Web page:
Monetary Policy and Capital Market Development in Bangladesh Policy Note: PN 0708
Shubhasish Barua* and Md. Habibour Rahman* Abstract
Bangladesh Bank (BB) adjusted its monetary policy stance during 2005 in order to contain inflationary pressures and facilitate stability in the foreign exchange market. At the end of 2005, interest rates on NSD certificates were also adjusted upward. The latter development, however, raised some concern among different economic agents regarding its possible impact on the country's capital market. In this paper we attempt to closely inspect the evolvement of monetary policy and capital market indicators in recent years and their possible interrelationship to ...view middle of the document...
We focus our analysis on the period, January '02 to December '06. Data on capital market indicators are collected from monthly reviews of Dhaka Stock Exchange (DSE), while interest rates and Treasury bills data are taken from various Bangladesh Bank's sources. In a modern monetary system central banks have control over very short term (overnight) or short term (covering several months) interest rates; long term (1-year or more) interest rates, however, are determined by inflation expectations and real activities.1 Relationship between monetary policy and stock prices can be understood within the stock price valuation model. When central bank raises the interest rates on monetary policy instruments, expected return on alternative assets (other than equity) rise, reducing the present discounted value of future cash flow or price of stocks. The rest of this paper is organized as follows. Section 2 provides a brief discussion on recent changes in monetary policy stance while Section 3 discusses the changes in yields and stock of Government T-bills and NSD certificates. Section 4 provides a review of recent development in the capital market. A parallel analysis is conducted in Section 5 and finally, Section 6 concludes the paper.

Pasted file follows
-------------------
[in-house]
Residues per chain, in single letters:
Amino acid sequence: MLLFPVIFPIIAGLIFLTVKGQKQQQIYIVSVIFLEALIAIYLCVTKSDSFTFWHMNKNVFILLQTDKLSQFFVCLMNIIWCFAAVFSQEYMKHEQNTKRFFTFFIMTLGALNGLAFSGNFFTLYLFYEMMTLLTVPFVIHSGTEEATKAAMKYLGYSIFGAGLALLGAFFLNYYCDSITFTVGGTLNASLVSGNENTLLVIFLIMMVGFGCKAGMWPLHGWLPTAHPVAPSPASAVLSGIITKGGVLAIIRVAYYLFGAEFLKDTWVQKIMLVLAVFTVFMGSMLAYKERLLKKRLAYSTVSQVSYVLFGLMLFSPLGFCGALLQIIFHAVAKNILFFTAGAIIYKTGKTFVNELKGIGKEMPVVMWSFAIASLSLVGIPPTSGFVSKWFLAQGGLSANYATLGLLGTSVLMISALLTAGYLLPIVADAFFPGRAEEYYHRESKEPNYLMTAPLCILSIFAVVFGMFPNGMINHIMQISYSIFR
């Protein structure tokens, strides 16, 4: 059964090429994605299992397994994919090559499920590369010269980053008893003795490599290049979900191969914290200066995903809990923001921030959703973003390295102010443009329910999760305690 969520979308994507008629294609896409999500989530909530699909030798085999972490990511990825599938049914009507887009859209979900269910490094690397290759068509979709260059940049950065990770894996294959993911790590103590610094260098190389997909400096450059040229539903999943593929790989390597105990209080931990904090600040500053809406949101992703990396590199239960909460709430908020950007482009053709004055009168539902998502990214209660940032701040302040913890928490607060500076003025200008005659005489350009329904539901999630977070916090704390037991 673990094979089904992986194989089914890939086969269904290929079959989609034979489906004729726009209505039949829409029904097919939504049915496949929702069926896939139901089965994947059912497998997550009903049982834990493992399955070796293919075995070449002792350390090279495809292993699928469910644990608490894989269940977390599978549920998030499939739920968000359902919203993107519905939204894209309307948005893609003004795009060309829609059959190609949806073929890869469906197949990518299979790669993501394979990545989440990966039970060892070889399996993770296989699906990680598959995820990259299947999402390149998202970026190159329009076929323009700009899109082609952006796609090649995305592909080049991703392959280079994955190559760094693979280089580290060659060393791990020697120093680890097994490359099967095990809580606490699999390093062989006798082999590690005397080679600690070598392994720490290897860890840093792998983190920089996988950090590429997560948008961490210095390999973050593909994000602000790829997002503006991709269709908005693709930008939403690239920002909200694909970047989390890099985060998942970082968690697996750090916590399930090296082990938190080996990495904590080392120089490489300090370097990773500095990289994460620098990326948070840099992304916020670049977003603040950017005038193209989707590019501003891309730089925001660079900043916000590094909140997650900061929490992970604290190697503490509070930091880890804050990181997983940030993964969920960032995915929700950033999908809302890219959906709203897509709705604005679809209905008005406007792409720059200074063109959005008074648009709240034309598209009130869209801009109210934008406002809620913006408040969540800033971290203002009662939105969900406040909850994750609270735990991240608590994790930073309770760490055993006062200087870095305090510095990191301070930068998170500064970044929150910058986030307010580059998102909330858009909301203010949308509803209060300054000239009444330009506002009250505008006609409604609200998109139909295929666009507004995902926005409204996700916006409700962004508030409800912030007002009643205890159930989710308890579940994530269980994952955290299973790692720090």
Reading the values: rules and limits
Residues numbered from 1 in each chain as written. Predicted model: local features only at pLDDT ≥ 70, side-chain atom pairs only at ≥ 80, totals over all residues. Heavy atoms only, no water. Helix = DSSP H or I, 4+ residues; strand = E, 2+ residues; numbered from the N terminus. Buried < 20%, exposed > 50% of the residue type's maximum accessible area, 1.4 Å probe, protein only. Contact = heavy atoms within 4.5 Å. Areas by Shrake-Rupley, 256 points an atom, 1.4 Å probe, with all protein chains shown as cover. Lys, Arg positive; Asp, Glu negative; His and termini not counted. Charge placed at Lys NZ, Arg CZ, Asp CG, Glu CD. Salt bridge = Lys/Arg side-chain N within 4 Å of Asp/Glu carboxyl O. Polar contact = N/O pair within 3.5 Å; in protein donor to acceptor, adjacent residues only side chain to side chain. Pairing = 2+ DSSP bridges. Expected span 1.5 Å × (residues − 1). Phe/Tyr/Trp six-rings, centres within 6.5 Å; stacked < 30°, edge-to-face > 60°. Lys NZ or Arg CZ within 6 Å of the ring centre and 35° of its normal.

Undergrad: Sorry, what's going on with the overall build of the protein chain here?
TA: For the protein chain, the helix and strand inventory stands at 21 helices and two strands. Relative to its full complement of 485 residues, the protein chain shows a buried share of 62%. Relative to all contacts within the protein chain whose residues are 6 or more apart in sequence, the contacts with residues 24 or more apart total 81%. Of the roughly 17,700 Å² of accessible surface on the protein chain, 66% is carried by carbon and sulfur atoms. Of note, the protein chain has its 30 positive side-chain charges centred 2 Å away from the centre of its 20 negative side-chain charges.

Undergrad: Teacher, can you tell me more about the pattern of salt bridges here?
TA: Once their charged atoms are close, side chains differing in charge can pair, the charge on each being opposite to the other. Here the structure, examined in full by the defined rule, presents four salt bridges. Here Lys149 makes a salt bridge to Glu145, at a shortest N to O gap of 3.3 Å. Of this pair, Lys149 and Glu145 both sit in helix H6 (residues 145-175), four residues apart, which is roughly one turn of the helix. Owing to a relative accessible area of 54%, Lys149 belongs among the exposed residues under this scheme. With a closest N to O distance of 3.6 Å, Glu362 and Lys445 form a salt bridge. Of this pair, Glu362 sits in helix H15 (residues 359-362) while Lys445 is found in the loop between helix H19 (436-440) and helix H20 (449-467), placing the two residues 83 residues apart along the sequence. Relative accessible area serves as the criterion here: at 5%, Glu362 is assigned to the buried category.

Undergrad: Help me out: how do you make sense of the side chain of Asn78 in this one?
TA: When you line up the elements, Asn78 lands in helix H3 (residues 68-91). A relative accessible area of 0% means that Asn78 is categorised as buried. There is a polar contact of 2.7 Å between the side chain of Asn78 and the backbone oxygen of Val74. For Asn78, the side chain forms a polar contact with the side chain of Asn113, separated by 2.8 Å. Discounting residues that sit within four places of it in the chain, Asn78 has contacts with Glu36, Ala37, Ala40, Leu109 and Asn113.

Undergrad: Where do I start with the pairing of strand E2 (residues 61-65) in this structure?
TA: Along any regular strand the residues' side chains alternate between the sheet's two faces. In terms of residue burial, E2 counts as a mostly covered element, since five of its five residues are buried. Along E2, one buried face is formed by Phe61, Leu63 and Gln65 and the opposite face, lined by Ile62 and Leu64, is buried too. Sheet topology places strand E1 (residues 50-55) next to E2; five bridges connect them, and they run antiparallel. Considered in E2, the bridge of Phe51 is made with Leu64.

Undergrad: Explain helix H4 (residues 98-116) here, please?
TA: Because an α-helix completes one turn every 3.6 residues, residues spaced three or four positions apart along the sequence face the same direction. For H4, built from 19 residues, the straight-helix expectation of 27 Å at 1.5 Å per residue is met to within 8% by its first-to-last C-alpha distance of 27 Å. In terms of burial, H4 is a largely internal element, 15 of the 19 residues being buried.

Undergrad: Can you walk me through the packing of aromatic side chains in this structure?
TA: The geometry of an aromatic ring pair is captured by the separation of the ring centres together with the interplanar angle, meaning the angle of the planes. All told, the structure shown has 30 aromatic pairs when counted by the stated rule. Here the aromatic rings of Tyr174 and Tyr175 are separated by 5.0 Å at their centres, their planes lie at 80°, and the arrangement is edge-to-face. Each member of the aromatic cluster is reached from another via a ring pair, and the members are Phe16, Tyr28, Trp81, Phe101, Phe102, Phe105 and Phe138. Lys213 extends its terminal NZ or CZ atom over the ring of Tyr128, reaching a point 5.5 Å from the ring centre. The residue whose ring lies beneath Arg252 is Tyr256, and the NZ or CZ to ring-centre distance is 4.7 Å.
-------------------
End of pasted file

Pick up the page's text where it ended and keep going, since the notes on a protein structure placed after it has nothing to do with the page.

The authors are Research Economists of the Policy Analysis Unit at the Research Department of Bangladesh Bank and would like to thank Prof. Syed M. Ahsan, Resident Economic Adviser of Bangladesh Bank for his helpful suggestions and comments. The views expressed in this Note, however, are authors' own and do not necessarily reflect the views of the Bank. 1 The latter requires that there is a well developed secondary market for long term treasury bonds, which is still in its rudimentary stage in Bangladesh.
T-bill yield of all maturities rose sharply during FY03, but fell sharply at the start of FY04 and remained stable up to March '05, after that these started to rise steadily but gradually.7 Yields on 5 and 10-year BGTBs also show rapid rise since April '05. Following the rise in the yield of T-bills and bonds, growth of outstanding stock of these instruments reached its peak at the end of June '03. However, with the sharp fall in yields the growth of total outstanding stock started to decline rapidly from Sep '03 and fell to around 5.2 percent at the end of June '05. Despite the gradual recovery in the yields, growth of stock of government securities remained negative during FY06, and turned into positive figures only in the first half of FY07.8
Figure 2: Treasury Bills (up to 182 days): Yield and Growth of Stock
Source: Monetary Policy Department, Bangladesh Bank Quarterly
Treasury bills with maturity period of 28, 91 and 182 days also rose sharply during FY03, only to drop sharply by the first half of FY04 to their former level. Annual growth of outstanding stock was negative during September '02 to September '04. The weighted average yield on the 28-day and 91-Day T-bill started to increase...